Deep South primaries offer little hope for Romney, opportunity for Santorum


Republican presidential candidate Rick Santorum signs campaign posters during a campaign rally Thursday at the U.S. Space and Rocket Center in Huntsville, Ala. (BILLY WEEKS/REUTERS)

For Rick Santorum and Newt Gingrich, the Deep South primaries in Alabama and Mississippi on Tuesday will be a race for conservative primacy in the battle for the Republican presidential nomination. Unless one of them decisively puts the other away, however, Mitt Romney could be the big winner no matter where he finishes.

While Romney, the establishment front-runner, is counting on a growing sense of inevitability that he will be the nominee, Alabama and Mississippi are two of the last, best chances for Santorum and Gingrich to make their case against each other.

In temperament and tone, Ging­rich has an easier sell in the South: He can “talk Southern” in a way that Santorum can’t. But his personal baggage — a history of marital infidelity and two failed marriages — could be a significant stumbling block among the conservative, family-values voters who make up a large part of the two states’ electorates.

This is particularly true when that record is held up against Santorum’s personal story as a devoted husband and father of seven.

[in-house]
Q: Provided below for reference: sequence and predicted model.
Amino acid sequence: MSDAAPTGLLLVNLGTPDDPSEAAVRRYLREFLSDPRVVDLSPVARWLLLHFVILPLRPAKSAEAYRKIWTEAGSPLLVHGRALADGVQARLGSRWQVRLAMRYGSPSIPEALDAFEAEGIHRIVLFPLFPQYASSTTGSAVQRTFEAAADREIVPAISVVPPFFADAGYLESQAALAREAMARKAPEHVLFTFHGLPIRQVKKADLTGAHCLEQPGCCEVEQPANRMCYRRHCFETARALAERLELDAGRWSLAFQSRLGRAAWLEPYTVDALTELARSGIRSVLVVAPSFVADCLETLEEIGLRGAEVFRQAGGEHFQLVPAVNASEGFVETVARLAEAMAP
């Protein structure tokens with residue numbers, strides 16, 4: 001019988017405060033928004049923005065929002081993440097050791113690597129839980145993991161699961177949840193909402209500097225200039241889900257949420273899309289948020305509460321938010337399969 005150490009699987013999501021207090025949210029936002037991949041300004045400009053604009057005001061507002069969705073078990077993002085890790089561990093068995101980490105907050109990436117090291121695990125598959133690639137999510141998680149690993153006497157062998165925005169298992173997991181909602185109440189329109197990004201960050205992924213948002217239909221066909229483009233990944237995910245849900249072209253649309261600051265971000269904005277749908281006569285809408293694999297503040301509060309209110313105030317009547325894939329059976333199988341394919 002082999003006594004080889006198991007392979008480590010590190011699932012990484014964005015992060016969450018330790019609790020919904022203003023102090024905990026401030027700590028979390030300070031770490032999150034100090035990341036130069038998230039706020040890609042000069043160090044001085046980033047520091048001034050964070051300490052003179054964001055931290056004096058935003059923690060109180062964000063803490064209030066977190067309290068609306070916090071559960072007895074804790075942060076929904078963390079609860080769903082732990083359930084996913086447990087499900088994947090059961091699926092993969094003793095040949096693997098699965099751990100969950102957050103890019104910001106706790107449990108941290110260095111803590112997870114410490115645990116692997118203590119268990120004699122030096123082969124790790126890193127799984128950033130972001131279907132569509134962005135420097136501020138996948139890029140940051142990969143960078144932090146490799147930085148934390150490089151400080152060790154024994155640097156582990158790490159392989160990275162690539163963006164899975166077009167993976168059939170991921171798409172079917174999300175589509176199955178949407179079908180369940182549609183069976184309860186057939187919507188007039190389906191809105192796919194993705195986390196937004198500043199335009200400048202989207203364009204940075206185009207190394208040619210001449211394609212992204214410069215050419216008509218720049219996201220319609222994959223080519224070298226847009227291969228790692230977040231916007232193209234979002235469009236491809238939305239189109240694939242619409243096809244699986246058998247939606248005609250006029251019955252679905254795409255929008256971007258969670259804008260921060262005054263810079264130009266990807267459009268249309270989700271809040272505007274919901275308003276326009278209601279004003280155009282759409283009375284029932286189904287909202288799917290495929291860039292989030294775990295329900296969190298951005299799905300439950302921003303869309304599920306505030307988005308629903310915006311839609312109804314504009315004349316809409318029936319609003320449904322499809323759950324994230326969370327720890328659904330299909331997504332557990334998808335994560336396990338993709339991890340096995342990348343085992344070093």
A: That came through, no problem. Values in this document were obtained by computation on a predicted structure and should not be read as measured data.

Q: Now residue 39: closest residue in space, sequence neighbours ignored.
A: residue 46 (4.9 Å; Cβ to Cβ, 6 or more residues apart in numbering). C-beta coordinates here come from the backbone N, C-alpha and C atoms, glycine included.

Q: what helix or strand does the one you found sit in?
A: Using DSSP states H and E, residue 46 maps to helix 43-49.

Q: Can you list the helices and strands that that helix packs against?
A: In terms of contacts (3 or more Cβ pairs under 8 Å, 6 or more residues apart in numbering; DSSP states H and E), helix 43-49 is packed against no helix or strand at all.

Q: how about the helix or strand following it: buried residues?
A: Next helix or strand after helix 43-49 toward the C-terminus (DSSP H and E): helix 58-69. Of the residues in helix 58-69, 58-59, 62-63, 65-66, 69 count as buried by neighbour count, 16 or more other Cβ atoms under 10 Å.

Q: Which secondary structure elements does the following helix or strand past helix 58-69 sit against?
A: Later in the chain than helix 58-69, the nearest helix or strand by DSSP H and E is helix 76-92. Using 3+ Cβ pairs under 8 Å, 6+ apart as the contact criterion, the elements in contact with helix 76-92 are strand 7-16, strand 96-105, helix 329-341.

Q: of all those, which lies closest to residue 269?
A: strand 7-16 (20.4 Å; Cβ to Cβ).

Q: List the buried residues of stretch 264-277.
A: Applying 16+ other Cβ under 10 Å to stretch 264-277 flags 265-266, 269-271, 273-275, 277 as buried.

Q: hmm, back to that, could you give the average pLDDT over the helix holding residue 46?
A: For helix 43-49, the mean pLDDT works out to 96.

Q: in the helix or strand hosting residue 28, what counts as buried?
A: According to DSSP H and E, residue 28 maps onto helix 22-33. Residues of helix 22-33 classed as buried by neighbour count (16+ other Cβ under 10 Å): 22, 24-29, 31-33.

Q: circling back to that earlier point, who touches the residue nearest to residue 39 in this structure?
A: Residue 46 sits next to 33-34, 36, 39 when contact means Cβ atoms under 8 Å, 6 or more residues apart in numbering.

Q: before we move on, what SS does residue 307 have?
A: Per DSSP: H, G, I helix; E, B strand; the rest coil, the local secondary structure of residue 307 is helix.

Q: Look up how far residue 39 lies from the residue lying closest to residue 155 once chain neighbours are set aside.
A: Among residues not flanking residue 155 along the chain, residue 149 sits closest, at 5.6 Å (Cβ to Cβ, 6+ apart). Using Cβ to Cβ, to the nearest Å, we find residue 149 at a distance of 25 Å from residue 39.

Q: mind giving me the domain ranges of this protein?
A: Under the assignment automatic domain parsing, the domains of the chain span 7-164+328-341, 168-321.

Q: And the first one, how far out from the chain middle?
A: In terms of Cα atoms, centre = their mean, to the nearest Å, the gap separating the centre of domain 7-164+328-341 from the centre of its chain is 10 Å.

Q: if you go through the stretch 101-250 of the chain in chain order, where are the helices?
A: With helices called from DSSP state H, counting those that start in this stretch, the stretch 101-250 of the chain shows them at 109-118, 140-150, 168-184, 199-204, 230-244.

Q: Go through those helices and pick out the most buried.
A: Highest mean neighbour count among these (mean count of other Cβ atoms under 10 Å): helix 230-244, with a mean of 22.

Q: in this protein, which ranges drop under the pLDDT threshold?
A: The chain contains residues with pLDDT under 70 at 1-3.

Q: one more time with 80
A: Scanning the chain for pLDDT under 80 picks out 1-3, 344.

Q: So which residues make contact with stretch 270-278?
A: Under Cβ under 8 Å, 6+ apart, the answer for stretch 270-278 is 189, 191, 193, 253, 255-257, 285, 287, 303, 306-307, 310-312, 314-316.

Gingrich has tried to cast Santorum as a bit player in the 1990s Republican revolution that Gingrich led, and in a region where unions are deeply unpopular, the Gingrich campaign has tried to cast Santorum as a pawn of big labor.

At an event this week in Alabama, aides hung a banner proclaiming “Promise of a Newt Day.” Gingrich has been touting his Georgia victory and Southern roots in recent appearances. He has signaled that he does not think he can compete in Kansas, which holds its contest on Saturday, and he is focusing all of his energy on getting a Southern sweep. “Everything between Spartanburg all the way to Texas, those all need to go for Gingrich,” said campaign spokesman R.C. Hammond.

For Gingrich, victories in Mississippi and Alabama could solidify his standing as the preferred choice of Southerners. He is counting on a replay of the outcomes in South Carolina and Georgia, where the former speaker secured his only triumphs. But narrow, or even modest, wins may only serve to feed the narrative that Gingrich is merely a regional candidate with no ability to win outside the South. This has been the central Santorum argument against Gingrich in recent weeks, as the Santorum campaign has urged the former congressman from Georgia to leave the race so that conservatives can rally around a single candidate.

Santorum expressed hope Thursday that he might be able to knock Gingrich out of the race within a week.

“If we can finish first or second” in all three primary contests in the next week, Santorum told reporters during a stop in Alabama, that would “hopefully get the race down to two candidates.”

Santorum has managed to become the candidate of choice among the most conservative evangelical voters, and he has adopted the language of Protestant churchgoers in a way that belies his deeply felt Catholic faith. He topped the list of Republicans in a Christian Post article titled “Catholic Politicians You Thought Were Evangelical.”